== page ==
“Help me get one more.”
Set in World War II, Desmond Doss (Andrew Garfield) enlists as a medic in the Army. Unlike the rest of the soldiers, and due to his own religious practices, Desmond refuses to use a weapon in battle, making him a conscientious objector. He faces a lot of opposition to his decision, but enters the battle ground unarmed, putting his own life at risk.
Mel Gibson has sparked much controversy in recent years, but has been directing on and off for 20 years now, long enough to have received an Academy Award. His previously acclaimed war film, Braveheart, won “Best Picture” in 1995. This year, Gibson makes a fierce comeback with the genre he knows so well. While the vast majority of war films intend to glorify the battle, Hacksaw Ridge boasts a contrasting ideology. Here, the amount of lives saved is focused upon, rather than the lives lost. Gibson’s work surpasses the concept of ‘limitations’ – instead, presented is a barbaric display of violence and carnage. Imagine extended cuts of Saving Private Ryan’s opening scene, though twice as powerful and spine-chillingly graphic. One would assume they are occupied with raw footage from the war, not a piece of contemporary film. The first act steers clear of the bloodshed, but when approaching the ridge, the scenes become distressing, and make for a difficult watch.The most telling scenes, set on the battle ground, are staged in the most brutal, yet effective manner. It must be emphasised, this cinematic experience is not for the faint-hearted.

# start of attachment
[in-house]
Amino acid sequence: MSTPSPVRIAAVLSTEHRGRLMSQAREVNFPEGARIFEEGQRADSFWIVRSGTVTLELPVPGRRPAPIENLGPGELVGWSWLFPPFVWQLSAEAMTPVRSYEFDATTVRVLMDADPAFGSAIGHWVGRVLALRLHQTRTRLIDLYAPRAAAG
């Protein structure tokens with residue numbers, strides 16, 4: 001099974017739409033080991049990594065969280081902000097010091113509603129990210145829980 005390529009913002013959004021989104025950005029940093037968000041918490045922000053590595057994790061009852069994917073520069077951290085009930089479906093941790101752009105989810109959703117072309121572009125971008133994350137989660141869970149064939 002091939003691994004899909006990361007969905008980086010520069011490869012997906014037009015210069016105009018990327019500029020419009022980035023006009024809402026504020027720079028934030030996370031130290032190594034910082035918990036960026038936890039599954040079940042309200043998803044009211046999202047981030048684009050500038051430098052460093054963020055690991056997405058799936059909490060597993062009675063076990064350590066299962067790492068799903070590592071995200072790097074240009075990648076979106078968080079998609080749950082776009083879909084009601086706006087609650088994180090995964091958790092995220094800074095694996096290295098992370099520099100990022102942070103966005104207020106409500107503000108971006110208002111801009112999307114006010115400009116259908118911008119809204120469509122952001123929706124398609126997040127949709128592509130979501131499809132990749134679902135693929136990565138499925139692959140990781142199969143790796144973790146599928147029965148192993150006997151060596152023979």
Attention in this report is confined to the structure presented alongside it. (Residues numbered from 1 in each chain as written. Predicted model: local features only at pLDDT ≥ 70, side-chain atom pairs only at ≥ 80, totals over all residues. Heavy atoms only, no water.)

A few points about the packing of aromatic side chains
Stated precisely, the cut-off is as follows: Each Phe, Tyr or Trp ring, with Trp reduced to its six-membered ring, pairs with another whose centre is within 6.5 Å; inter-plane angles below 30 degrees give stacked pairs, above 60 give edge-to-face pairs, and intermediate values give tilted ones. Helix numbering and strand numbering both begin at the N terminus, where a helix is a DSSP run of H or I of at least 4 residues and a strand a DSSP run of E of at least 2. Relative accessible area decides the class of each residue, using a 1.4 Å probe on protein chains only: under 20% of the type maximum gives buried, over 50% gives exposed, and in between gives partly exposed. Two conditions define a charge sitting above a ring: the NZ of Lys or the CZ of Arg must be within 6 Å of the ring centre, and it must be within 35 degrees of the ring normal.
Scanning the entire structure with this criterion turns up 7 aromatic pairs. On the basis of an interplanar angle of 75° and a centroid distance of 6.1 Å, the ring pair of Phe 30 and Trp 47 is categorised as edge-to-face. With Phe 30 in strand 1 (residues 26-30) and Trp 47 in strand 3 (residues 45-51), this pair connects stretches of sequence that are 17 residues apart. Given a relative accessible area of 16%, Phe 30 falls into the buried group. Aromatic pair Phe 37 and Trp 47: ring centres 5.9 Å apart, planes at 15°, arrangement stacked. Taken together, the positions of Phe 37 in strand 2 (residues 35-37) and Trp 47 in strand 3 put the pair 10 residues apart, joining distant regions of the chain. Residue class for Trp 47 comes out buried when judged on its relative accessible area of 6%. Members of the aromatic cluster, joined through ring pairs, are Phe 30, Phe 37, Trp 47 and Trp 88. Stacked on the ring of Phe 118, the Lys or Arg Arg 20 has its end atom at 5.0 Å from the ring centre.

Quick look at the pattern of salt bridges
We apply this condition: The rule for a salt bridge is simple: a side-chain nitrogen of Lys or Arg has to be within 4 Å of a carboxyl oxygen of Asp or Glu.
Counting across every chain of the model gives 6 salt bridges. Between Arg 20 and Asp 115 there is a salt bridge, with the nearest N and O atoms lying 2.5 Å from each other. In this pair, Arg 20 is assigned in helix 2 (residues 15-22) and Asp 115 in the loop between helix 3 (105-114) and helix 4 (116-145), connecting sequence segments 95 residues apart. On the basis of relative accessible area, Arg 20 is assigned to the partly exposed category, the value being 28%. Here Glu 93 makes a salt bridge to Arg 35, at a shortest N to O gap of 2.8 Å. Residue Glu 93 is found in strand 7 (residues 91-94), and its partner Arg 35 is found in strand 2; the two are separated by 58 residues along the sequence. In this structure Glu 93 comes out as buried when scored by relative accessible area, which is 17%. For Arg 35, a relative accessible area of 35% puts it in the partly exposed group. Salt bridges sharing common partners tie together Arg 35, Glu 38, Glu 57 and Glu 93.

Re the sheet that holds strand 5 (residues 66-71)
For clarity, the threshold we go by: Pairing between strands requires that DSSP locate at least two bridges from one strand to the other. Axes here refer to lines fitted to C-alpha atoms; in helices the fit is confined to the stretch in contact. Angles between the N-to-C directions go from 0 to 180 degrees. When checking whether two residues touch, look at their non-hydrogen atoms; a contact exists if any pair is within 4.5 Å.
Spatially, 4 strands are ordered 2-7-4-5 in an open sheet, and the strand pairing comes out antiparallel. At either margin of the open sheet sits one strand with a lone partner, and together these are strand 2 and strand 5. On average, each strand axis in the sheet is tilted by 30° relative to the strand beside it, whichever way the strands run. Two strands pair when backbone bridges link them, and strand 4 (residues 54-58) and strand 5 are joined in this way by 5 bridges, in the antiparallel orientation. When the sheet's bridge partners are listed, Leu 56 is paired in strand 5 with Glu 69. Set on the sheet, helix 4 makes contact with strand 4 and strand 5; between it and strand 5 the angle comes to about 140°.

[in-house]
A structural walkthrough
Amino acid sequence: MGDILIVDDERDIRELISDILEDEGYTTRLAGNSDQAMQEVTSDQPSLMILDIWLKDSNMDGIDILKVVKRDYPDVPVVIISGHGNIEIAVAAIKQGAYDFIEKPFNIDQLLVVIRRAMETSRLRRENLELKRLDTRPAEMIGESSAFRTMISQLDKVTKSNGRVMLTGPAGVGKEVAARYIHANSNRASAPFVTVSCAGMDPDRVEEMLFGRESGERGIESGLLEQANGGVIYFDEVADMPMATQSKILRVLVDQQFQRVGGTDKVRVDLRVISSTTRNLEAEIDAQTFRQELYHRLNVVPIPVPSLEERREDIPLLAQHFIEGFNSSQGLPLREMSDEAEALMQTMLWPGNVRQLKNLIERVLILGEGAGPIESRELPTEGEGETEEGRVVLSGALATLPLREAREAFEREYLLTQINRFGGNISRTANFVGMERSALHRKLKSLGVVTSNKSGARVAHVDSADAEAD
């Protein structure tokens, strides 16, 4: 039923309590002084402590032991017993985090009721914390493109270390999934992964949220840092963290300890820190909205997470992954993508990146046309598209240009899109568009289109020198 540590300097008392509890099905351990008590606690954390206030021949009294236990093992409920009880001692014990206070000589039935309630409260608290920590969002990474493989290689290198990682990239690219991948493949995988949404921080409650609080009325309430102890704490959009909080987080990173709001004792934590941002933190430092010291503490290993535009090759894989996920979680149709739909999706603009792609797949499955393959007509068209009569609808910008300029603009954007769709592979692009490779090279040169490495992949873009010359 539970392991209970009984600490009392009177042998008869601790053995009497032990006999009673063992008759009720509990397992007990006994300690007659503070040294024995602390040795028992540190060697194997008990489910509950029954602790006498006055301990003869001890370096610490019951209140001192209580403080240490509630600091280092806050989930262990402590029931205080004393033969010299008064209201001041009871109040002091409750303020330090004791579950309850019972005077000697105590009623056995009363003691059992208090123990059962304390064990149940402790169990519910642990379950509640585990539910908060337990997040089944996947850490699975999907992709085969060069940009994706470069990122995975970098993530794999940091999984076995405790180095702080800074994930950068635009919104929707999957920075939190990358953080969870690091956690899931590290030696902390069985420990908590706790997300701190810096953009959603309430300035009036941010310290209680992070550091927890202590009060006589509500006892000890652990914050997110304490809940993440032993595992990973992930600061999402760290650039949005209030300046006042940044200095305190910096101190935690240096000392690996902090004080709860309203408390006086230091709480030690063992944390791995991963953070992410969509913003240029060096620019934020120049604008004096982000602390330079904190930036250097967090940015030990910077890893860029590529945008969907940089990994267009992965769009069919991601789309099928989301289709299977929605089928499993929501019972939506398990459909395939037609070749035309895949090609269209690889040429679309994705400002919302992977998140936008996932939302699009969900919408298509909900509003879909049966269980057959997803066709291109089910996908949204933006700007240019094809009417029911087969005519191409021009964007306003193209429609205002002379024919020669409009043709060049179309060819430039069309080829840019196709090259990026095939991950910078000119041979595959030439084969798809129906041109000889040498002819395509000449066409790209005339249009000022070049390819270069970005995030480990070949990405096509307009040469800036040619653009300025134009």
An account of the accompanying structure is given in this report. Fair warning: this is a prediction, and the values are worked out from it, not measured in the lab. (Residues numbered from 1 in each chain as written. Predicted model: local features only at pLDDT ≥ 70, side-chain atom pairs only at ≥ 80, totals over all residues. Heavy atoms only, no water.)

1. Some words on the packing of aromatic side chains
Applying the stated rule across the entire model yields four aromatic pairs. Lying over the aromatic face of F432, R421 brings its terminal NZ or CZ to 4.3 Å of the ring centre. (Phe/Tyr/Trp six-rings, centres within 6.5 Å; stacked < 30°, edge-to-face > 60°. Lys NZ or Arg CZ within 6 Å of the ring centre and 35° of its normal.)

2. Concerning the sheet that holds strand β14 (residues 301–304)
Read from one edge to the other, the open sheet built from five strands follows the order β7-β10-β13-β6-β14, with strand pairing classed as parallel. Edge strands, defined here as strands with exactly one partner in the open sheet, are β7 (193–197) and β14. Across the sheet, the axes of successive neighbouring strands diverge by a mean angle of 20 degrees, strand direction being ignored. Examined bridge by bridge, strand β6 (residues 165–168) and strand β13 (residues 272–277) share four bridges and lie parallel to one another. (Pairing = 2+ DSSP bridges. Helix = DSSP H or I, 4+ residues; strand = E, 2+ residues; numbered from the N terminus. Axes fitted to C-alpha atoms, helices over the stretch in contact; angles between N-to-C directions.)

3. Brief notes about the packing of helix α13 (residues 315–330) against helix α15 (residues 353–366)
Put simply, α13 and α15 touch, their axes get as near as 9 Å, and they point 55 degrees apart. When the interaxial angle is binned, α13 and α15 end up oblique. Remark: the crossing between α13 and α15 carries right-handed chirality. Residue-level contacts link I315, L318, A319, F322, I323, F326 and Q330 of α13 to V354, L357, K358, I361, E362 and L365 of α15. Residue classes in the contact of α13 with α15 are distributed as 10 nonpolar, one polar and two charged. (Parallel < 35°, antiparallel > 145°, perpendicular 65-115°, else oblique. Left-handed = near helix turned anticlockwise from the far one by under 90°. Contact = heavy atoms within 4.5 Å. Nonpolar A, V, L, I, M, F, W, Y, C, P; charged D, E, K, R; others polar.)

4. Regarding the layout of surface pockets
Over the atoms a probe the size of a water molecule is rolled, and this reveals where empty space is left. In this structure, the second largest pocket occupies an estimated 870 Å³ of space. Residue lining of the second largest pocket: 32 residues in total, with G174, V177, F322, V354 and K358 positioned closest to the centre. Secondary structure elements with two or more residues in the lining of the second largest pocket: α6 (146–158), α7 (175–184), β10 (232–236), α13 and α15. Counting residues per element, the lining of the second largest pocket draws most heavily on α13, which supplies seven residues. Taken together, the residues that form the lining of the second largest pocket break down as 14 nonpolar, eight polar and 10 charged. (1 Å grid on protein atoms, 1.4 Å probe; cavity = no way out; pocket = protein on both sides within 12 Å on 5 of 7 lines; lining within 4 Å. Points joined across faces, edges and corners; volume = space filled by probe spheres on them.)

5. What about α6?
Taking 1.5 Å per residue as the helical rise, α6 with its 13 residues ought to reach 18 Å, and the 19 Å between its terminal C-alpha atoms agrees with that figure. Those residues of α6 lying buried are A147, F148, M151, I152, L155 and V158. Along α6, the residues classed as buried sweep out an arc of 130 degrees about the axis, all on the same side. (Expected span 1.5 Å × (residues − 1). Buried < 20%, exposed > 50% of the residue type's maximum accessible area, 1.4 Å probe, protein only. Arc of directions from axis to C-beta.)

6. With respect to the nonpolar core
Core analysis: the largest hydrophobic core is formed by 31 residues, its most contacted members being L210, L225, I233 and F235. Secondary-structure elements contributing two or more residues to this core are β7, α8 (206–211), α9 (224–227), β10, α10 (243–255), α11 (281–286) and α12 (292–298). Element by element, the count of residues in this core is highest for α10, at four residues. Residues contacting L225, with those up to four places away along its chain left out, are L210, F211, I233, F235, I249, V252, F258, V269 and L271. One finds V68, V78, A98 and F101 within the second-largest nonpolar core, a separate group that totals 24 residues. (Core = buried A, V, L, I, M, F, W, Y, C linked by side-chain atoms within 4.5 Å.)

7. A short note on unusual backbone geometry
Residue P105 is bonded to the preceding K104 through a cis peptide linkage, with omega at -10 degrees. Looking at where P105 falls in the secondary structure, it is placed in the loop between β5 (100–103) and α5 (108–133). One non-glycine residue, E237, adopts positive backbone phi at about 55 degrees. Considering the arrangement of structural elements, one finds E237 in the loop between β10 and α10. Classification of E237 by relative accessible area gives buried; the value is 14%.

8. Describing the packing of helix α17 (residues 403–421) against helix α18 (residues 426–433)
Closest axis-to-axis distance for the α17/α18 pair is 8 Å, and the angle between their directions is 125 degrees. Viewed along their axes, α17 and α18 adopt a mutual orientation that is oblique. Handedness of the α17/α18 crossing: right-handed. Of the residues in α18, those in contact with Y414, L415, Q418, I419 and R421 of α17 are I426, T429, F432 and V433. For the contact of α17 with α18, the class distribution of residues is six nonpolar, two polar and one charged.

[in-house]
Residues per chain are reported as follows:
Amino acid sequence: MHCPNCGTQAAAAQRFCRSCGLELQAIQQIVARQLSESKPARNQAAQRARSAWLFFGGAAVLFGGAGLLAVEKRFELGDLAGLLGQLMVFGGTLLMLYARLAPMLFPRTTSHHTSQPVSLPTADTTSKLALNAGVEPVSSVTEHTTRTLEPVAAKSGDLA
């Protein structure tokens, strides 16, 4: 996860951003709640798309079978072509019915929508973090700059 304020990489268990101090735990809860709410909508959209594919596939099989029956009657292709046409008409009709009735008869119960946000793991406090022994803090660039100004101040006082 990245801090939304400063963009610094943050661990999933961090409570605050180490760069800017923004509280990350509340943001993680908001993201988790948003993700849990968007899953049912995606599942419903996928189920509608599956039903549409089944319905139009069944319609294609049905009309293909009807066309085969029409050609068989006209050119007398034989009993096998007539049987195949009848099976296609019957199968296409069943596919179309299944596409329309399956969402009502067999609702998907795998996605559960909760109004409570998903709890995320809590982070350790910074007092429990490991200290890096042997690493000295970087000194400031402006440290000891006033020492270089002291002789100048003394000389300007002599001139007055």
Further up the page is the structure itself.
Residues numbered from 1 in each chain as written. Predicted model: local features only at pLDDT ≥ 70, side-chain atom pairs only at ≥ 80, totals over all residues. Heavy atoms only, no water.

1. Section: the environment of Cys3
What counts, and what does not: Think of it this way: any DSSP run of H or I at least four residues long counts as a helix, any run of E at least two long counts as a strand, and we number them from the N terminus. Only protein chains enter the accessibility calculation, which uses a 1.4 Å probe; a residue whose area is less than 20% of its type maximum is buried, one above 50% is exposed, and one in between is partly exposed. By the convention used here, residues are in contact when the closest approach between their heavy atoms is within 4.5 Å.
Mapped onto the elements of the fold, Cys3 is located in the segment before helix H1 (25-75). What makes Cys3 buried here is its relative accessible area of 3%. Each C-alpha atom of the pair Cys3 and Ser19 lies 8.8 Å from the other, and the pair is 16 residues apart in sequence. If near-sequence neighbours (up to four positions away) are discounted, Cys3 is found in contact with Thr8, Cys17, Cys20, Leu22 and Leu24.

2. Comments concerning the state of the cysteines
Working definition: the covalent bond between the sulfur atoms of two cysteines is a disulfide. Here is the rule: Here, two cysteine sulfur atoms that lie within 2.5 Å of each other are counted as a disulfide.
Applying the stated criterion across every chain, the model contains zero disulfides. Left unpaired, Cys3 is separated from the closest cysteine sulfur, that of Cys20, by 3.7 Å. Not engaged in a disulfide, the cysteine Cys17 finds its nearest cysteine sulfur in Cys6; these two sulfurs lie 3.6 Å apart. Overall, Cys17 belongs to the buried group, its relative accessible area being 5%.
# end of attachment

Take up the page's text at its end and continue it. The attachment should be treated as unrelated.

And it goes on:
Andrew Garfield gives an award-worthy performance, matchless to the rest of his career, as Desmond Doss. He conveys the heroic status of the protagonist with such ease. The entire cast comes together to create an effective ensemble. Even Vince Vaughn, Doss’s sergeant, exudes humour in the darkest of scenes. Shredded flesh, bullet stricken corpses and the ringing sound of gunshots fill each scene with sheer dread. The harsh realities of war are inescapable in this moving motion picture.
Expect to cry yourself a river from the intensity of the battle scenes in Hacksaw Ridge. Gibson has done an impeccable and respectful job. Utterly inspiring, and not preachy in the slightest. You will feel overwhelmed by the harrowing impact, or simply struggling in attempt to combat it.